A Lilburn teenager was seriously injured in a single vehicle accident apparently caused because he was text messaging while driving. Nineteen-year-old Soheb Roy was text messaging his friend while driving his car, and crashed the vehicle into a telephone pole. He sustained serious injuries. The impact of the accident was strong enough to break the telephone pole into two. Police are likely to charge Roy with improper use of a cell phone while driving and failure to maintain lanes.
The accident is just one more reason why we need to have a new bill banning text messaging, passed as quickly possible. Last week, state republicans Allen Peake and Amos Amerson introduced bills that will ban text messaging behind the wheel for all motorists. Violations will come with fines and license penalties. The bill proposes fines of $50 and at least two license penalty points for violations.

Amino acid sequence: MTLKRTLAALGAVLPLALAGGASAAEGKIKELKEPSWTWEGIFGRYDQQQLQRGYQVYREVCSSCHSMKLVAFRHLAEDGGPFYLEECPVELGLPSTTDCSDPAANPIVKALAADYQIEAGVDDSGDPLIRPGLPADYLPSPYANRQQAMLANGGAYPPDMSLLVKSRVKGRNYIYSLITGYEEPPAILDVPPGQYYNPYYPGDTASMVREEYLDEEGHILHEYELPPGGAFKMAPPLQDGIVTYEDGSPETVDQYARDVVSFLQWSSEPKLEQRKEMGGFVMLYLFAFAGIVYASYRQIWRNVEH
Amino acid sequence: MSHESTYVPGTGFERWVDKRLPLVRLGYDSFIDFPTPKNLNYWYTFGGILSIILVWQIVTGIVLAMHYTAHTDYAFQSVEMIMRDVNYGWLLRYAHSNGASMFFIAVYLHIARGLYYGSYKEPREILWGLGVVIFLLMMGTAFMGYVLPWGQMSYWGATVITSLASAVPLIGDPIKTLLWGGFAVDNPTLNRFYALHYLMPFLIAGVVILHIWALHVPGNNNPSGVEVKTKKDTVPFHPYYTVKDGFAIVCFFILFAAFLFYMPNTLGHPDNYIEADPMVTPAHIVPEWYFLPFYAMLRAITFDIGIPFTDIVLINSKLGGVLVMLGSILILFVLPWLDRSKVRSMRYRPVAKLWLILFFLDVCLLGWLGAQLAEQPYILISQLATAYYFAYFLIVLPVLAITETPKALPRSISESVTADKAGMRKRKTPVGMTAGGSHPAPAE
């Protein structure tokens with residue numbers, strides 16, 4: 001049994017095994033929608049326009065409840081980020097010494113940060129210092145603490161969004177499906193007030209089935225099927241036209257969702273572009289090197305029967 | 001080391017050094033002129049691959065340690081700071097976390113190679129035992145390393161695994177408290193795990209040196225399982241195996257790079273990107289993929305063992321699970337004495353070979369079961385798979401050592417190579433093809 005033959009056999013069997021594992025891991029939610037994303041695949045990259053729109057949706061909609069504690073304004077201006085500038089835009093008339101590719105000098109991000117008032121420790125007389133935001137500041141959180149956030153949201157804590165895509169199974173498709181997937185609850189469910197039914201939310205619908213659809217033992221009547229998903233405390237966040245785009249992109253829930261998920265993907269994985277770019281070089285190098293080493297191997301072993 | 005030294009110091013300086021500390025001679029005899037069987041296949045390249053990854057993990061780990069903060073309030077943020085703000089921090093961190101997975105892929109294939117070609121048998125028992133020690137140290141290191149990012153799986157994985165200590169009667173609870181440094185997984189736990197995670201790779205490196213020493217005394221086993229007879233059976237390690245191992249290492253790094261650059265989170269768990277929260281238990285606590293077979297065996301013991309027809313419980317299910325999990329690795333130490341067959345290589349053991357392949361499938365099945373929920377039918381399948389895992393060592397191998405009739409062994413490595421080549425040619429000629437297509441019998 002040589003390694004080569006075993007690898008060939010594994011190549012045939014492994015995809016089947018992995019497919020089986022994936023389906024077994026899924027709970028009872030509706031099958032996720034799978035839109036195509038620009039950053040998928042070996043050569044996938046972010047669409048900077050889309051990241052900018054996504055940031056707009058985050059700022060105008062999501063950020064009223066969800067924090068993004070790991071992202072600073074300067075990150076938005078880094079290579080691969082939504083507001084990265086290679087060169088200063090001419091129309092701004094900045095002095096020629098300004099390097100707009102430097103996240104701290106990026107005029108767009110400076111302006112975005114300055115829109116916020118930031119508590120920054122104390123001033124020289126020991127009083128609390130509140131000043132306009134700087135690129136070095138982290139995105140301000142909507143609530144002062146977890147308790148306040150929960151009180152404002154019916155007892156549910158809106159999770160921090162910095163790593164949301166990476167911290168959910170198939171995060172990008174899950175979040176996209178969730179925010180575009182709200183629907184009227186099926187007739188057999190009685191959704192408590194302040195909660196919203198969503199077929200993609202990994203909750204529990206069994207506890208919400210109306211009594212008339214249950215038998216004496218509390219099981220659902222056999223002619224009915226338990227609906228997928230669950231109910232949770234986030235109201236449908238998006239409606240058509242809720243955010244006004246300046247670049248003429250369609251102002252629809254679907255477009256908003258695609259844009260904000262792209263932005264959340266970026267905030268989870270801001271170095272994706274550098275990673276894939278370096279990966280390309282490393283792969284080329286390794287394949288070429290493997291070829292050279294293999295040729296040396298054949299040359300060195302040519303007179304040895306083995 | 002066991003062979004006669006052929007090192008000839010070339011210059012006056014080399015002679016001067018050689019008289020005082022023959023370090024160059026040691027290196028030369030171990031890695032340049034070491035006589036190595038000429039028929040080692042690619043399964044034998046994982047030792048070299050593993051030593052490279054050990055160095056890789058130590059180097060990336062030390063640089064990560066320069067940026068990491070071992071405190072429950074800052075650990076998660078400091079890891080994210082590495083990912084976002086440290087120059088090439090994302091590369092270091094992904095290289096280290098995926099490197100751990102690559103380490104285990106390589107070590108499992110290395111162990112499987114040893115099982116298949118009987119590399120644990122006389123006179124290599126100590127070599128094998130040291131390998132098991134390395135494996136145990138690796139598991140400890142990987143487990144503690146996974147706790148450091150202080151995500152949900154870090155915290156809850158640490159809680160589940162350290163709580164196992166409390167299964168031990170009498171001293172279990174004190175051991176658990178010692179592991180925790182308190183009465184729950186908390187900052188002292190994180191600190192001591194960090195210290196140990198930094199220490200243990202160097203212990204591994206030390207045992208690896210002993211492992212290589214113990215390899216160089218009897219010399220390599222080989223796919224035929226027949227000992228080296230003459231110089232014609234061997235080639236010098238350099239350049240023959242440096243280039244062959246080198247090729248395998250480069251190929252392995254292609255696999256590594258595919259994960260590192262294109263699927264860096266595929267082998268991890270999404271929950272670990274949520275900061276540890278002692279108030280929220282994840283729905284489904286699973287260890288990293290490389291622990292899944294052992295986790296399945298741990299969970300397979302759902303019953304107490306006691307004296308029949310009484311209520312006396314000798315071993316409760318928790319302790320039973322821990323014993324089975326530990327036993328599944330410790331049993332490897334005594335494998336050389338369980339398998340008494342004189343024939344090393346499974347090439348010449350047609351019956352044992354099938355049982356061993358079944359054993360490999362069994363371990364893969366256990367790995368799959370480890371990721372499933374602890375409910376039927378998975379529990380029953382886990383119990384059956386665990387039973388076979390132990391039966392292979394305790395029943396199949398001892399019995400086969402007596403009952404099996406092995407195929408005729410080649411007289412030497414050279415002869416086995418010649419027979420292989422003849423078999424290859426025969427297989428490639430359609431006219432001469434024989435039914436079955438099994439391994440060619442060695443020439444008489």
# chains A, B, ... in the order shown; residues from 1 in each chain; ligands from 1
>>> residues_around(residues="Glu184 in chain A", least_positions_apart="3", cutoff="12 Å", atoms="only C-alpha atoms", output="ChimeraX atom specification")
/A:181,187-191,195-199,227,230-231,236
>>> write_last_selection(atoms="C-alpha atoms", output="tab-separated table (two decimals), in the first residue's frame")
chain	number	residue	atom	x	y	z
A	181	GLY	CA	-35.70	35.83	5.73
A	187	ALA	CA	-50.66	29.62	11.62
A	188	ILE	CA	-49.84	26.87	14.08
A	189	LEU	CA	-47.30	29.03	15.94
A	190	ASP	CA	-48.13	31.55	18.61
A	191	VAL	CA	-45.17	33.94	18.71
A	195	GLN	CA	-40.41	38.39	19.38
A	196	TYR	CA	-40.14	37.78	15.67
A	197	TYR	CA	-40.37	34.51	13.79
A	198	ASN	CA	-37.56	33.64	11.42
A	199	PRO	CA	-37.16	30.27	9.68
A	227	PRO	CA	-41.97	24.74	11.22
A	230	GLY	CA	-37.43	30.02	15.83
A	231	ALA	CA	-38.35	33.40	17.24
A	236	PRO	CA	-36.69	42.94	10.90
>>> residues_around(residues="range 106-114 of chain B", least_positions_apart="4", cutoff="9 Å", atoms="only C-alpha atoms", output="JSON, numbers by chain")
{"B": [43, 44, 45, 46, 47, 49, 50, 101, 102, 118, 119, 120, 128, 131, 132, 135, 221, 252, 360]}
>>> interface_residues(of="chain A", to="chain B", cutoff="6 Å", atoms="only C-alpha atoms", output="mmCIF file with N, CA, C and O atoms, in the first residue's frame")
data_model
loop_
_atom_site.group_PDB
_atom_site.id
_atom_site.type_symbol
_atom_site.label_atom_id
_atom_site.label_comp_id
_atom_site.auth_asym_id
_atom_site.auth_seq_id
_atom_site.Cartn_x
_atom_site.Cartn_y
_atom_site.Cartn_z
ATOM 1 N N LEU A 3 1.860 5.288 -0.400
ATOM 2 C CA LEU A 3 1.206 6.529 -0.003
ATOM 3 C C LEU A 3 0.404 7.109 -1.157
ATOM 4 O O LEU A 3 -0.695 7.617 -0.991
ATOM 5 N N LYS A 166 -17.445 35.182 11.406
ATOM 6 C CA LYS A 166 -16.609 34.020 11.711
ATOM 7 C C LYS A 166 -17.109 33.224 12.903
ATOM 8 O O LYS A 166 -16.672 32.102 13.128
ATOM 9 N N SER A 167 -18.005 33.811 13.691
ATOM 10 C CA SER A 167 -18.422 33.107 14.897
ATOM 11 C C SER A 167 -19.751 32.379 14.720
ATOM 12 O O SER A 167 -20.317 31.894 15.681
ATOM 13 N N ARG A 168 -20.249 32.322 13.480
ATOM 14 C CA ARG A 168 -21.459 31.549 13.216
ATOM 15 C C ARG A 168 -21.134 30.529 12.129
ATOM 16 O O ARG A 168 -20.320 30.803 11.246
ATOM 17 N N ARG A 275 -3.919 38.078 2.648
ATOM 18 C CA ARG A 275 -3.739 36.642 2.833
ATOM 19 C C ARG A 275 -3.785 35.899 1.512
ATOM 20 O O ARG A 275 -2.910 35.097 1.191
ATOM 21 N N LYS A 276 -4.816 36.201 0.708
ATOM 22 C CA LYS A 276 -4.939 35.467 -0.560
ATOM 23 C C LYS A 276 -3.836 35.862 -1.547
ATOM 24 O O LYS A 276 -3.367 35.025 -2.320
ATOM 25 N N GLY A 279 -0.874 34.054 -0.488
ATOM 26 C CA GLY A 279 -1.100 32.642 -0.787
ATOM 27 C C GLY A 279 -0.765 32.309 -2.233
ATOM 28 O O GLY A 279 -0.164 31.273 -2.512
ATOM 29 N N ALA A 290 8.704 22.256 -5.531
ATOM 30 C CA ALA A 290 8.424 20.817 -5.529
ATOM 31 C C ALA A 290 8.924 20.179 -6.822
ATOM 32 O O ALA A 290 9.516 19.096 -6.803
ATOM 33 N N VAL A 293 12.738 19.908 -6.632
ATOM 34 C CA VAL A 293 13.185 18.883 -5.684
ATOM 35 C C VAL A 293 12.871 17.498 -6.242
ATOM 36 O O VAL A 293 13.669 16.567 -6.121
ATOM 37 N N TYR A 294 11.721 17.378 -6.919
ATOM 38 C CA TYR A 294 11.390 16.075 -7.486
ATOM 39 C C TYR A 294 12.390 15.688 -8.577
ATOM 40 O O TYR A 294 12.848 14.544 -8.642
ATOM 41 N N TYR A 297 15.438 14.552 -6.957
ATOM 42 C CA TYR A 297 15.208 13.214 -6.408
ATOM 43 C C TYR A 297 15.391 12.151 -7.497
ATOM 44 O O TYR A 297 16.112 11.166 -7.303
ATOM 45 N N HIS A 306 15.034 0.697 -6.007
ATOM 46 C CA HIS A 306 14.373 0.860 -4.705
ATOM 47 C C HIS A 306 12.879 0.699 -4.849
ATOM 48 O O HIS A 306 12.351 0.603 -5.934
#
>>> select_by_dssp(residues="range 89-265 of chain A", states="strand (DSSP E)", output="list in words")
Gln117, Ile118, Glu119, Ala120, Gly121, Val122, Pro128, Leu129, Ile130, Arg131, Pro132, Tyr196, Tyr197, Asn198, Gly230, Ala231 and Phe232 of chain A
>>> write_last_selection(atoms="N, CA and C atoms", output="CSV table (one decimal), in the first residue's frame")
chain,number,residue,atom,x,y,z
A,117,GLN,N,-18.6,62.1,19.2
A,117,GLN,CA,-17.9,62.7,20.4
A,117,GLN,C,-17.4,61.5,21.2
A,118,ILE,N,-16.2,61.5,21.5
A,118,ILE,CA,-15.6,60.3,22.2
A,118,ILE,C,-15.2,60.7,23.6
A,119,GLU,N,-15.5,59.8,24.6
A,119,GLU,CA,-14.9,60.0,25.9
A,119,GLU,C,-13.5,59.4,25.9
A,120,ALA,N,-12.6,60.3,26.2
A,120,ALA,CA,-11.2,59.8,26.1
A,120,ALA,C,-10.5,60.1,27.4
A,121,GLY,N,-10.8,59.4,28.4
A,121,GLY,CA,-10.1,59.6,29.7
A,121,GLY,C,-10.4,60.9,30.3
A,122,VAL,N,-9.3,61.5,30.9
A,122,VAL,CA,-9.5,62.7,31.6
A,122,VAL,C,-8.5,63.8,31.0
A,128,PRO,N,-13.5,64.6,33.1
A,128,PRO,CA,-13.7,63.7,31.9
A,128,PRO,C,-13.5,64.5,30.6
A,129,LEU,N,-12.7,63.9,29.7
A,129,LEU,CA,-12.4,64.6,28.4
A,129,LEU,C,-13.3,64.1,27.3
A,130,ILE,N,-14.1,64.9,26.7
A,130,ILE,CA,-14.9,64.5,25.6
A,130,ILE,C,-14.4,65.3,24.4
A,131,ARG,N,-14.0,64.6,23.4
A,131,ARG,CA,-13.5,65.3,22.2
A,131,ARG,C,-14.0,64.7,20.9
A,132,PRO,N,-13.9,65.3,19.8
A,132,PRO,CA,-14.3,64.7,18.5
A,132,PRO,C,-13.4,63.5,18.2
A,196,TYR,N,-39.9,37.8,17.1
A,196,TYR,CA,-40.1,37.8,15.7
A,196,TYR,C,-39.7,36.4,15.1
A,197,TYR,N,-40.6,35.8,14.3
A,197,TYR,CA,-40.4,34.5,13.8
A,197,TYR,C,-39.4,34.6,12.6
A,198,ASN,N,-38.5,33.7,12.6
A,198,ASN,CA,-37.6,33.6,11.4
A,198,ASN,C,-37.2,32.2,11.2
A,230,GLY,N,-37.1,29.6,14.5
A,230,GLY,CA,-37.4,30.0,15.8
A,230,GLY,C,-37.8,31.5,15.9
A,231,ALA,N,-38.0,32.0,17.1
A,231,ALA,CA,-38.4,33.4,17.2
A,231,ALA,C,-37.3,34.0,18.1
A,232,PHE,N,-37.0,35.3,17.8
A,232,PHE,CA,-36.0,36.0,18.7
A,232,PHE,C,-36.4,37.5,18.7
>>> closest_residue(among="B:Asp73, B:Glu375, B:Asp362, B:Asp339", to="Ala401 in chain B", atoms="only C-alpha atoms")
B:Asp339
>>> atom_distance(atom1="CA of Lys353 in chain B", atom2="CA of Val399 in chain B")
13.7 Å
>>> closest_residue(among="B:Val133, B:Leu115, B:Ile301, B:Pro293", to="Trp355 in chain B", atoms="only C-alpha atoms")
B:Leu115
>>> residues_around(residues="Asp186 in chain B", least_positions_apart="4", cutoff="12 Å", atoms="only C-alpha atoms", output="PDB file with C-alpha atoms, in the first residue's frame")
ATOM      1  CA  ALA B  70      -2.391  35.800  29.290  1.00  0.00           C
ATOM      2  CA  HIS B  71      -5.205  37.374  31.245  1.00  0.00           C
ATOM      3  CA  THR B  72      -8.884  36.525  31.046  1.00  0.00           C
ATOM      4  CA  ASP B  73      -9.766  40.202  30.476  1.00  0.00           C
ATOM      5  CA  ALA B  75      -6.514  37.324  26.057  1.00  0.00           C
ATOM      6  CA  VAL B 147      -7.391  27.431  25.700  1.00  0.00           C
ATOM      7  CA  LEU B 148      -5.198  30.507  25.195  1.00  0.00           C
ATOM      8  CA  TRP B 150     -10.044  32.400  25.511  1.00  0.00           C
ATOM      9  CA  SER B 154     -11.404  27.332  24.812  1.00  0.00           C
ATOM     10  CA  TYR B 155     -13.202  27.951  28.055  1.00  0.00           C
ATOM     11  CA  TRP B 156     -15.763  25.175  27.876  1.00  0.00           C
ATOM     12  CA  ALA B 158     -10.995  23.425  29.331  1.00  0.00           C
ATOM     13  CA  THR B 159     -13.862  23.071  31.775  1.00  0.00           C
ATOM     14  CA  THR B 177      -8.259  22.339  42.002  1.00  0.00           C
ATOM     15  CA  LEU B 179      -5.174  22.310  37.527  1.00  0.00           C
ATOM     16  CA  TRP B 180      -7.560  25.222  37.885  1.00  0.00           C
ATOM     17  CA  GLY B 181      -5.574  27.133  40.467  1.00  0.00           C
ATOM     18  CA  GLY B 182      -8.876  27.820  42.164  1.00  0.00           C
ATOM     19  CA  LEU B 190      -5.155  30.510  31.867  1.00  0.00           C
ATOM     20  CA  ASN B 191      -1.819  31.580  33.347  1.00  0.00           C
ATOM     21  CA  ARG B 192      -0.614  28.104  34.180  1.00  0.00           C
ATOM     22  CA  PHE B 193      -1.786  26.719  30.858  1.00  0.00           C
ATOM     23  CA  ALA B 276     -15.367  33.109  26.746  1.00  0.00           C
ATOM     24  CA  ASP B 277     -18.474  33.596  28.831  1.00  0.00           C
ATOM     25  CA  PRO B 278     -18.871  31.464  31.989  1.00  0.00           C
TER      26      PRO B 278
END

Last year, one bill that would have banned texting while driving only for teen drivers, failed to pass. Whether this new bill will have better luck, remains to be seen. Georgia has failed to take the kind of serious steps necessary to prevent the 1.4 million crashes every year that are caused by having conversations on cell phones while driving, and 200,000 crashes that occur because of text messaging while driving.
Nationwide, there has been a strong momentum building up against cell phone use while driving, and Georgia has a golden opportunity to be a part of this change. Several states have legislations in varying stages in the works, all aimed at eliminating distractions behind the wheel to prevent accidents. A ban on text messaging is not a highly popular ban, given that so much of the population, especially teen motorists, is addicted to texting. A ban is necessary, however, if we are to prevent the kind of accident that occurred last week.